Published 13th August 2019
As is the case in many countries, as the capital, Madrid is the heart of Spain. But what is Madrid known for? With almost 3.5 million people, it is not only the most populous city in Spain but the third biggest in Europe, after London and Berlin. Madrid is the seat of government and home to the Spanish monarch, but it is also considered the political, economic and cultural centre of the country.
No trip to Spain would be complete without a visit to Madrid, but you need to make sure you really get to know the city. This means not only seeing the sights but also getting to know its people, eating its food and, of course, hanging out with the locals.
Puerta del Sol
This is the spot in Madrid which is the geographic centre of Spain. It is the point where all six of Spain’s major roads meet. It might not be the most exciting thing to do in Madrid but it’s the place to be on New Year’s Eve and it’s pretty cool just to check out on any other day.
Yes, you heard right. On any street in the city centre you are likely to find a restaurant selling bocadillos de calamares – a baguette stuffed with battered calamari, slathered in mayonnaise. To be washed down with an ice-cold cerveza, of course. The best in the city are to be found in the Plaza Mayor.
Restaurante Sobrino de Botin
Sobrino de Botin is, according to the Guiness Book of World Records, the oldest (still-trading) restaurant in the world. It was founded in 1725 and is famous for its suckling pig and roast lamb. In fact, the food is so good it used to be a favourite hangout for Ernest Hemingway, who set the final scene of his novel The Sun Also Rises in the restaurant.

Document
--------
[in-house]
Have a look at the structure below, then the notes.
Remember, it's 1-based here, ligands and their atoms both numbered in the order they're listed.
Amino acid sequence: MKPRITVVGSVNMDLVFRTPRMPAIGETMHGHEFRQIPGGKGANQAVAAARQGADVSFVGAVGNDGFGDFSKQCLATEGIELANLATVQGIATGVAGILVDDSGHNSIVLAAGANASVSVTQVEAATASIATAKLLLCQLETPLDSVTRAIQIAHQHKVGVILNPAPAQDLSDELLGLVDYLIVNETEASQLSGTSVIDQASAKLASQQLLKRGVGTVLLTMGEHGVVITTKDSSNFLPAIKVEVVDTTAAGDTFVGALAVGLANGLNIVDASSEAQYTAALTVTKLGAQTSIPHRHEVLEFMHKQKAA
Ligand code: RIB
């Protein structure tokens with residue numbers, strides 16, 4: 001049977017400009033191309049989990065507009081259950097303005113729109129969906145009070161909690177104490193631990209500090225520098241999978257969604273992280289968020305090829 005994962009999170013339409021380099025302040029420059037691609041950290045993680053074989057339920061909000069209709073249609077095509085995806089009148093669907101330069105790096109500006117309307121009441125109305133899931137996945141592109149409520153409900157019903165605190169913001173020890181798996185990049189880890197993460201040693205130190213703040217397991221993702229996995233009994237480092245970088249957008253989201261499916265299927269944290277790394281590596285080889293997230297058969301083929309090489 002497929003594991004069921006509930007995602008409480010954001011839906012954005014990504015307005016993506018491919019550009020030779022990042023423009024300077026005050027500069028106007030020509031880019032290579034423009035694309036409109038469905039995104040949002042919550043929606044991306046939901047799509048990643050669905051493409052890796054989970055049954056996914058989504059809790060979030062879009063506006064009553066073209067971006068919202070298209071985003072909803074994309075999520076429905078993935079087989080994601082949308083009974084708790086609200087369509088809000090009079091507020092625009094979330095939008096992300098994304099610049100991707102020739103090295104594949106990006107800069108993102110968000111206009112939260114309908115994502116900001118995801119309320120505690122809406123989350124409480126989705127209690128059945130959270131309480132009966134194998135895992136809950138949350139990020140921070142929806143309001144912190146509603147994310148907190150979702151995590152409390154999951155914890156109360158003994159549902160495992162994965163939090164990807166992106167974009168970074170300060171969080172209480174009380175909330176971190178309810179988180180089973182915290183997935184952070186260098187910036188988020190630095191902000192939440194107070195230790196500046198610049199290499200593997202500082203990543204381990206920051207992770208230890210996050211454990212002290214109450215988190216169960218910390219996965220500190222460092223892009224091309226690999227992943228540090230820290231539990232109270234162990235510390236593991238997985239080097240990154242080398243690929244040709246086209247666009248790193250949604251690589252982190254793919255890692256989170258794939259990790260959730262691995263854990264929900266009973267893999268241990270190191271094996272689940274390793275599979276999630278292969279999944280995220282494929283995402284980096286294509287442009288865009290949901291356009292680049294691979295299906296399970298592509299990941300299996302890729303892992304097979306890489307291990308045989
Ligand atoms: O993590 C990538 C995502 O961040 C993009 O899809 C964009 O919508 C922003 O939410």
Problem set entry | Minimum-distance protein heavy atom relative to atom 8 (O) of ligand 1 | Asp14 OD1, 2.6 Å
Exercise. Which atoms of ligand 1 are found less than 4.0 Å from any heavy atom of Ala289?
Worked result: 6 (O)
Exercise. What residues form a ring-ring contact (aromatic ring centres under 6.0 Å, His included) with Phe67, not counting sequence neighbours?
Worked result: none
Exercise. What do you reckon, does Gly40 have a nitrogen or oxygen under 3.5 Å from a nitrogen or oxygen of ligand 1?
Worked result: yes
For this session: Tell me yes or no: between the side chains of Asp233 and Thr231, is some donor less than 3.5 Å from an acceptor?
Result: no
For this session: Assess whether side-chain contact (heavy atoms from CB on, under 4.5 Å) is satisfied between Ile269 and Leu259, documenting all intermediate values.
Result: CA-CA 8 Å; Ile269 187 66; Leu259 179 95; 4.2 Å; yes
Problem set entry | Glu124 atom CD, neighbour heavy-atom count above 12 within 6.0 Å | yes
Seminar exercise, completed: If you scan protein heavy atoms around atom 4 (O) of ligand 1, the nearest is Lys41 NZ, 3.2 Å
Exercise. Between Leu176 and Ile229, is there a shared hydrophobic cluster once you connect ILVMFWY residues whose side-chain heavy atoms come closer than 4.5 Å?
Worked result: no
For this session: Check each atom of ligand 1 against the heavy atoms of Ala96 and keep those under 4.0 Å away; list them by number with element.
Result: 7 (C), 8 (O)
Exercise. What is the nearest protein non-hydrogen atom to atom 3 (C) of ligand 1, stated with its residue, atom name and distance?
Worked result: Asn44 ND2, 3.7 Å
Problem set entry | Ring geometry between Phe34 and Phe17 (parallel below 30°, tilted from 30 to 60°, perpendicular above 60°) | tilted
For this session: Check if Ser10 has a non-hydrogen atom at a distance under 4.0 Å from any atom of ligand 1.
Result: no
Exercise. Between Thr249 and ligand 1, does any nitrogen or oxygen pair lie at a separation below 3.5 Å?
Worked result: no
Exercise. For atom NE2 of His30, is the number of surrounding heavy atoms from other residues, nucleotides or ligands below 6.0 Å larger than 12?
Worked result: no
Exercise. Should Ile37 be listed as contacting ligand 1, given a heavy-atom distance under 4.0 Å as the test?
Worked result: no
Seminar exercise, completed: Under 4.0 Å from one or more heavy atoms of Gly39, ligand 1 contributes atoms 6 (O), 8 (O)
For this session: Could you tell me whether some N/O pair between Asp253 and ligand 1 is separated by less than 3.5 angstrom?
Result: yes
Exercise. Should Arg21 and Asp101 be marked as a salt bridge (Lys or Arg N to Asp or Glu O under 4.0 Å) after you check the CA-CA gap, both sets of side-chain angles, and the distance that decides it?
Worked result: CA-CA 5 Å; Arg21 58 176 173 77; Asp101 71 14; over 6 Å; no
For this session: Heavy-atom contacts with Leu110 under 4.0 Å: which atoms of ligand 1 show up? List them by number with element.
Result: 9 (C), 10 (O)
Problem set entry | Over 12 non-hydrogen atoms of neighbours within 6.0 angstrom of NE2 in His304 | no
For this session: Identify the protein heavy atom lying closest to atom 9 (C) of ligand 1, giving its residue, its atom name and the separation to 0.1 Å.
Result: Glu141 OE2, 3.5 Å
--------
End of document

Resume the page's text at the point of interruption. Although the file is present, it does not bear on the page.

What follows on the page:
But not just any Zara. The Zara in Paseo do la Castellana in Madrid is the biggest Zara in the world. It’s approximately 6 000-square meters, which is more than half a rugby pitch. Need we say more?
Though this is definitely controversial, Cristiano Ronaldo may be the most famous Madrileño of them all. Okay, maybe the most famous footballer. The Real Madrid striker is considered one of the best footballers of all time, having won the Ballon d’Or five times and being the first player in history to win four European Golden Shoes.
Madrid is simply heaven for art buffs. The golden triangle is where you want to go with the Museo del Prado, the Centro de Arte Reina Sofia and the Museo Thyssen-Bornemisza all being within easy walking distance of each other. The Prado Museum is one of the most visited museums in the world and is home to masterpieces by the likes of Velazquez, Rubens and Goya.
There are quite a few parks in Madrid but none like Retiro Park. It has a huge artificial lake where you can row boats, there is a Crystal Palace that houses art exhibitions, and there are usually puppet shows or musicians to entertain the kids.
Mercado de San Miguel
Next to Plaza Mayor, this historic food market retains its orginial twentieth century iron structure. Here you can buy amazingly fresh fruit and vegetables, but also the most delicious tapas. The market is known to showcase the different cuisines from all over Spain – from Iberian ham to Galician shellfish to Asturian cheese.
Any chocolate-lover worth their salt will know what churros are. Long, thin fingers of fried dough, crispy on the outside and soft on the inside, churros are best eaten dipped in deliciously think hot chocolate. The most famous spot to indulge in churros in Madrid is the Chocolateria San Gines, hidden away in a tiny side street off the Plaza Mayor.
There you have it: food, shopping, football, art and culture. If you’re considering teaching English in Spain, Madrid should definitely be on your short list of teaching destinations.